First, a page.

MIAMI -- Celtics coach Doc Rivers knows everyone is shoveling dirt on his team, but Rivers remains unwaveringly optimistic that his team will respond with its best effort with its back against the wall in Wednesday's Game 5 of an Eastern Conference semifinal series against the Miami Heat.
Boston is staring at a 3-1 series deficit, something only eight teams in NBA history have ever rallied out of, and teams that win three of the first four games in a best-of-seven series have a .960 all-time winning percentage.
"We had a good film session [Tuesday] and guys were disappointed with the way we played in Game 4," said Rivers. "They thought, as poorly as we played, in our eyes, we still had a shot to win the game in regulation. When you gift a gifted team 18 turnovers -- 28 points [off turnovers] -- in the playoffs, you’re usually not going to win that game. Everyone was just agitated with how they played, how they performed, and how they executed. And they should be."
The Celtics appeared to run out of gas in Monday's overtime session and Boston's aging roster is again in focus as some wonder if that window of opportunity is about to slam shut.
"The good news with us is that we were older when we got together four years ago," said Rivers. "We’ve been old for a long time, we’re going to continue to be old. We’re not going to get any younger, but we understand that. We understood when we put our team together and we talked bout it the year we won [a world title in 2008]. Everyone was saying it was going to take a year and I was thinking, ‘We don’t have that. You just don’t know with health.’ Unfortunately, I was right because we really haven’t been healthy since that one year.
"But they have great pride and I think you’ll see that. I think I’ll enjoy the way we play.”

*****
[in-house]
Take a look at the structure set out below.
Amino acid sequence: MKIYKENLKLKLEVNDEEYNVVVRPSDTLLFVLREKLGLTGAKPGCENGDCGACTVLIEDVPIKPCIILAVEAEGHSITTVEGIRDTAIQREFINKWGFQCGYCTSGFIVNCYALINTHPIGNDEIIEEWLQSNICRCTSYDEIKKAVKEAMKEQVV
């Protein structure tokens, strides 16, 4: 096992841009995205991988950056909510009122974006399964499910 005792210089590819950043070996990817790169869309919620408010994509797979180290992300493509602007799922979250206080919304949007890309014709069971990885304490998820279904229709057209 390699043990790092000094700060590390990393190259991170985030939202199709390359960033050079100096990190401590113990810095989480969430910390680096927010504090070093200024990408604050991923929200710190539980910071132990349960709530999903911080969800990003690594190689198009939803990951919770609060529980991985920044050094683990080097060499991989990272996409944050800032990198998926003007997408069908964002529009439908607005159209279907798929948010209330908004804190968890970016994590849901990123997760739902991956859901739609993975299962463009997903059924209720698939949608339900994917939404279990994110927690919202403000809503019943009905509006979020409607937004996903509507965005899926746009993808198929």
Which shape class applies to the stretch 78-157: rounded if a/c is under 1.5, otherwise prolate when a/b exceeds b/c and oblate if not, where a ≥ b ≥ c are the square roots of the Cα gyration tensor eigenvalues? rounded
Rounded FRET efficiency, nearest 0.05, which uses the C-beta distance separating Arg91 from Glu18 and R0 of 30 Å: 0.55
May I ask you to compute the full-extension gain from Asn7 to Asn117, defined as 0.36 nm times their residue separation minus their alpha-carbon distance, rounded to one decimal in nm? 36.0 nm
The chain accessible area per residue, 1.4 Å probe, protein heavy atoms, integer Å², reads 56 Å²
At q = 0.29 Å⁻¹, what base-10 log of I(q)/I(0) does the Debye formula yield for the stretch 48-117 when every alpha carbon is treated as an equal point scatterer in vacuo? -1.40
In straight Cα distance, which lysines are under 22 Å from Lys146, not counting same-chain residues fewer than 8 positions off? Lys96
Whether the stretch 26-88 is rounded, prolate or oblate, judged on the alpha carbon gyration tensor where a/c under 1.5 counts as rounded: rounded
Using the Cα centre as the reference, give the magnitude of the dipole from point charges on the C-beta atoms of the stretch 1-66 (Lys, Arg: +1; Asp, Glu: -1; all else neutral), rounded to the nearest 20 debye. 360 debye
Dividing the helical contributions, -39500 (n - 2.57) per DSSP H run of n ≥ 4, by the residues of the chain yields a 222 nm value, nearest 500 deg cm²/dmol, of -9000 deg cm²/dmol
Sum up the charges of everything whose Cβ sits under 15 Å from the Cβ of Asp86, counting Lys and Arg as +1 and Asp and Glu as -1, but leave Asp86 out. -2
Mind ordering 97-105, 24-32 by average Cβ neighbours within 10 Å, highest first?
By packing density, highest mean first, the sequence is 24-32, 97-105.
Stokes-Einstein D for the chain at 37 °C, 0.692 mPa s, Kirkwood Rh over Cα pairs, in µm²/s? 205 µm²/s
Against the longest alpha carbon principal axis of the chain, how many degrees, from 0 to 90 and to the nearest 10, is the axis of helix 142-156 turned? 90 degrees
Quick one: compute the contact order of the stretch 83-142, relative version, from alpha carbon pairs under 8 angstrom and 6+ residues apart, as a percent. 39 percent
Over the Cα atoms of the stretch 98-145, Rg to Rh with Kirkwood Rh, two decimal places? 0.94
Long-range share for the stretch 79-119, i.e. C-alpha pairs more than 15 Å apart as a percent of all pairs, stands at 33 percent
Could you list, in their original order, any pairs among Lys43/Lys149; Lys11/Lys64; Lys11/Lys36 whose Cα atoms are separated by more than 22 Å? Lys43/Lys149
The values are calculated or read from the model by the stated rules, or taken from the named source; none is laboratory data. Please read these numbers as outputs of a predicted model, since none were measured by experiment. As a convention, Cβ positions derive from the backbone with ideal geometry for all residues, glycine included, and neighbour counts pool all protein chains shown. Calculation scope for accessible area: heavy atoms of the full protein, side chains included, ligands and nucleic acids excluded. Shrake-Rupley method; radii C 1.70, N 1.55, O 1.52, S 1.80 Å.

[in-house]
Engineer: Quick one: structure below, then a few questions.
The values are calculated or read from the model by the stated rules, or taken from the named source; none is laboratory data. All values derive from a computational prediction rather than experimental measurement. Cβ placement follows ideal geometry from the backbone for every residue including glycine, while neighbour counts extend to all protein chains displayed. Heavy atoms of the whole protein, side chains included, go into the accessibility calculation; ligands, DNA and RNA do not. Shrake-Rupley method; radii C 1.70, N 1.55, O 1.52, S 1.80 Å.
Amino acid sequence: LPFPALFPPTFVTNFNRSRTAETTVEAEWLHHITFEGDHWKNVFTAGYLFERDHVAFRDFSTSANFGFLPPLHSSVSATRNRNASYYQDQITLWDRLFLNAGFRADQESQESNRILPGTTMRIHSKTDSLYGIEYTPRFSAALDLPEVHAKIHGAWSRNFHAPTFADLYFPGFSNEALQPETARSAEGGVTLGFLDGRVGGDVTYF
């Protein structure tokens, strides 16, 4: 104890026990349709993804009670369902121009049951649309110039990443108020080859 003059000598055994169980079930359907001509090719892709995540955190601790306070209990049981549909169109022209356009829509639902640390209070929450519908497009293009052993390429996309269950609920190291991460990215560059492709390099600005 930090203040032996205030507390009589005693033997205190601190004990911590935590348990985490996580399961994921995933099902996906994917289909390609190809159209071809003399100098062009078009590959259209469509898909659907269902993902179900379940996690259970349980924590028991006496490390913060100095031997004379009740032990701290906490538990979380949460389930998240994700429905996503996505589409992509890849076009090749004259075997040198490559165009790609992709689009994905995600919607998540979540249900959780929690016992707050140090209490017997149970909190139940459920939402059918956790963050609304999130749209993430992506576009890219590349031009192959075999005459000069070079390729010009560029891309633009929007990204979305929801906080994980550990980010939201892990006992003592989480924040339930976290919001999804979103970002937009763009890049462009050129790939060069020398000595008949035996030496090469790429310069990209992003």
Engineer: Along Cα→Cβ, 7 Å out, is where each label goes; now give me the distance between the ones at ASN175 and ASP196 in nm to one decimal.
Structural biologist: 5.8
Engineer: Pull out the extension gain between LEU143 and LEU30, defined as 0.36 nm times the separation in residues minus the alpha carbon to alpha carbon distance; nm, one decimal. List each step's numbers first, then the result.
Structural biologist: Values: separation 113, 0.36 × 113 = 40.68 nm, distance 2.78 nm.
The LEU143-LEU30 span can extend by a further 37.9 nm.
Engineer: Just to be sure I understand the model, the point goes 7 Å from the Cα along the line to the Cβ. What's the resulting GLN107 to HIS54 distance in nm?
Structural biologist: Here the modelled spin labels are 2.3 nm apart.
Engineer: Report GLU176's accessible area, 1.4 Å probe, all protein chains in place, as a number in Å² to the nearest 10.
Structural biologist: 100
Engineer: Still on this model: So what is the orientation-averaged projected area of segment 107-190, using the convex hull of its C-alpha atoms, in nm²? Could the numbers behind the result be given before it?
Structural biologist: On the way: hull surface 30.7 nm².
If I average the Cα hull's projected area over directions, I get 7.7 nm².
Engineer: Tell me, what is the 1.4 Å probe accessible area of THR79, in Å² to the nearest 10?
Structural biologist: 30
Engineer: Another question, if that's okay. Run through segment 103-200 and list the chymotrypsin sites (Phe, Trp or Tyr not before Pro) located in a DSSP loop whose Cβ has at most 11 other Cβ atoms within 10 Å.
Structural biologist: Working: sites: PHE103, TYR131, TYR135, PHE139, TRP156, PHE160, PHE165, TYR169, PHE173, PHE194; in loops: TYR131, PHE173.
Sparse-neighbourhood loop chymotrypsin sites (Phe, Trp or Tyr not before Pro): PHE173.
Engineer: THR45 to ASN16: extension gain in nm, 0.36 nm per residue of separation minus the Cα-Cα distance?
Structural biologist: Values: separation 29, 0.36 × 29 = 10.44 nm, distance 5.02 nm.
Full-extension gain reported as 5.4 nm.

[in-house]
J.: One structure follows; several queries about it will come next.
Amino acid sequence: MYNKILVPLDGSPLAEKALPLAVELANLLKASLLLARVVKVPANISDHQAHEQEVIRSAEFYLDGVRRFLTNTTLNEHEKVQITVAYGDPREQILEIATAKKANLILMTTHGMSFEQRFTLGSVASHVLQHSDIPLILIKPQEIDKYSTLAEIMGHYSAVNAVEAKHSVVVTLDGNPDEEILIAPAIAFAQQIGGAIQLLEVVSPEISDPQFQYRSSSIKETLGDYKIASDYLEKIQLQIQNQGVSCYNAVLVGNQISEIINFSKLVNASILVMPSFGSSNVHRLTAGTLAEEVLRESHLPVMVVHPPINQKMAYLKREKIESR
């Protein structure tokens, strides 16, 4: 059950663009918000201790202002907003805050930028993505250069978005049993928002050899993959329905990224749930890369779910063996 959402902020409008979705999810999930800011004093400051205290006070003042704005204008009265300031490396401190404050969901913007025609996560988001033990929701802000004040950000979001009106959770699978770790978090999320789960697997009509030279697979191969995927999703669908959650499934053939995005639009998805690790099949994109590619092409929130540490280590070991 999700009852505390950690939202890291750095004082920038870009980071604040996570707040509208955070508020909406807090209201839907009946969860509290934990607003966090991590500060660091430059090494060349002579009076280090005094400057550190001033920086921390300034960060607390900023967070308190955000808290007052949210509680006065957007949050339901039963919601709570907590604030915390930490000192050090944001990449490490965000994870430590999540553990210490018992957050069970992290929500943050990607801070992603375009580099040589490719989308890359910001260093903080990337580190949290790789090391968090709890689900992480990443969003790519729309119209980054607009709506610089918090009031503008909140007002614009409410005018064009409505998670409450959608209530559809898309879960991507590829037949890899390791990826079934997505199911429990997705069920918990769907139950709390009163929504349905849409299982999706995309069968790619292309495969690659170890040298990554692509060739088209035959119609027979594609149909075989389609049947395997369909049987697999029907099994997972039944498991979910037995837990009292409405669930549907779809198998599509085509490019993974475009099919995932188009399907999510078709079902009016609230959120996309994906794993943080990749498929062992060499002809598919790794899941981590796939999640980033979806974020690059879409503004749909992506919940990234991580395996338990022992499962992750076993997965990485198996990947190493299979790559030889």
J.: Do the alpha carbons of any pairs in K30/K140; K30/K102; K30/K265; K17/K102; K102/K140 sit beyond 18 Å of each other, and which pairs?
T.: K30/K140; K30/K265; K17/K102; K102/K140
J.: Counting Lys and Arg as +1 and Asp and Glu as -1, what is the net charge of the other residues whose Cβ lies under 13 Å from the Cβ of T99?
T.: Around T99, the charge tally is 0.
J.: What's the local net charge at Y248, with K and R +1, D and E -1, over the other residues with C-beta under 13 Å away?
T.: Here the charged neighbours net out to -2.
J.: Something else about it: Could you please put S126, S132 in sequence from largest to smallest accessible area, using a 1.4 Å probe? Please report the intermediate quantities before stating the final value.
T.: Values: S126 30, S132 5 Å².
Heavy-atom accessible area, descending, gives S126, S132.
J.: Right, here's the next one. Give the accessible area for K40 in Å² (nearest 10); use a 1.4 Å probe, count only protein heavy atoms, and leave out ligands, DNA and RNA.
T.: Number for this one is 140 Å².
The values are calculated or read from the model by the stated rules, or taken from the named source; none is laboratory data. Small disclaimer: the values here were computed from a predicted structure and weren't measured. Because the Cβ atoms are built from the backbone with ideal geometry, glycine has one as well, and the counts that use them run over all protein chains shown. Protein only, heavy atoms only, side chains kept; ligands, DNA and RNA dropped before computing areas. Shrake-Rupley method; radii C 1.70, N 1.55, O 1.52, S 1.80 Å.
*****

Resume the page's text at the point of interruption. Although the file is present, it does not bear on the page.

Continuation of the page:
Rivers did note that, at the end of the day, all the pride in the world won't help if the Celtics don't perform on the court.
"Pride is nice to have, it’s just like playing hard is nice," said Rivers. "You have to play hard and smart, and you have to have pride and perform. And we have to do those things. It’s more about our performance than anything inside of us."
A few more nuggets from shootaround:
* Rivers said he didn't know if point guard Rajon Rondo (dislocated left elbow) had improved much, health-wise, since Monday's Game 4 loss, but expects Rondo to start and be a factor in Game 5. "I have no idea [if he's feeling better]," said Rivers. "All he’s done is treatment. It's not like we’ve been on the floor. Honestly, I wouldn’t know. He’s moving better as far as walking and he's talking better. At least those are good things. I’ll know a little more after shootartound." Rivers said film review revealed that Rondo actually struggled more defensively, particularly trying to get over screens and allowing penetration, but believes the left arm injury didn't affect Rondo too greatly, offensively.
* Rivers on struggling Glen Davis: "We need him, but he’s been struggling for a while. It started before the playoffs and he's still in it. He had occasional [strong efforts], Game 4 in New York was terrific. And he had a four- or five-minute stretch [in Game 3 vs. Miami], so we have to keep going to him and see if we can get something out of him." Asked about what's going on in his mind, Rivers quipped: "I have no idea what's going on in his mind and I don't want to get in there."
* Asked about the final play of regulation that broke down in Game 4, Rivers again stressed disappointment in the lack of execution. "We didn’t have to break it down [on film], it was already broke down. We did it on our own. It was a bad play, bad execution all the way around. It shouldn’t have happened and it rarely happens with us. I was disappointed because we’ve only run that play 10 to 20 times, maybe. We just got to thinking too much. Every once in a while, and I always say that about our team, we get too smart and try to do something. 'Let’s do this, this time.' It doesn’t take but one guy, then all of a sudden, everything blows up and that’s what happened.”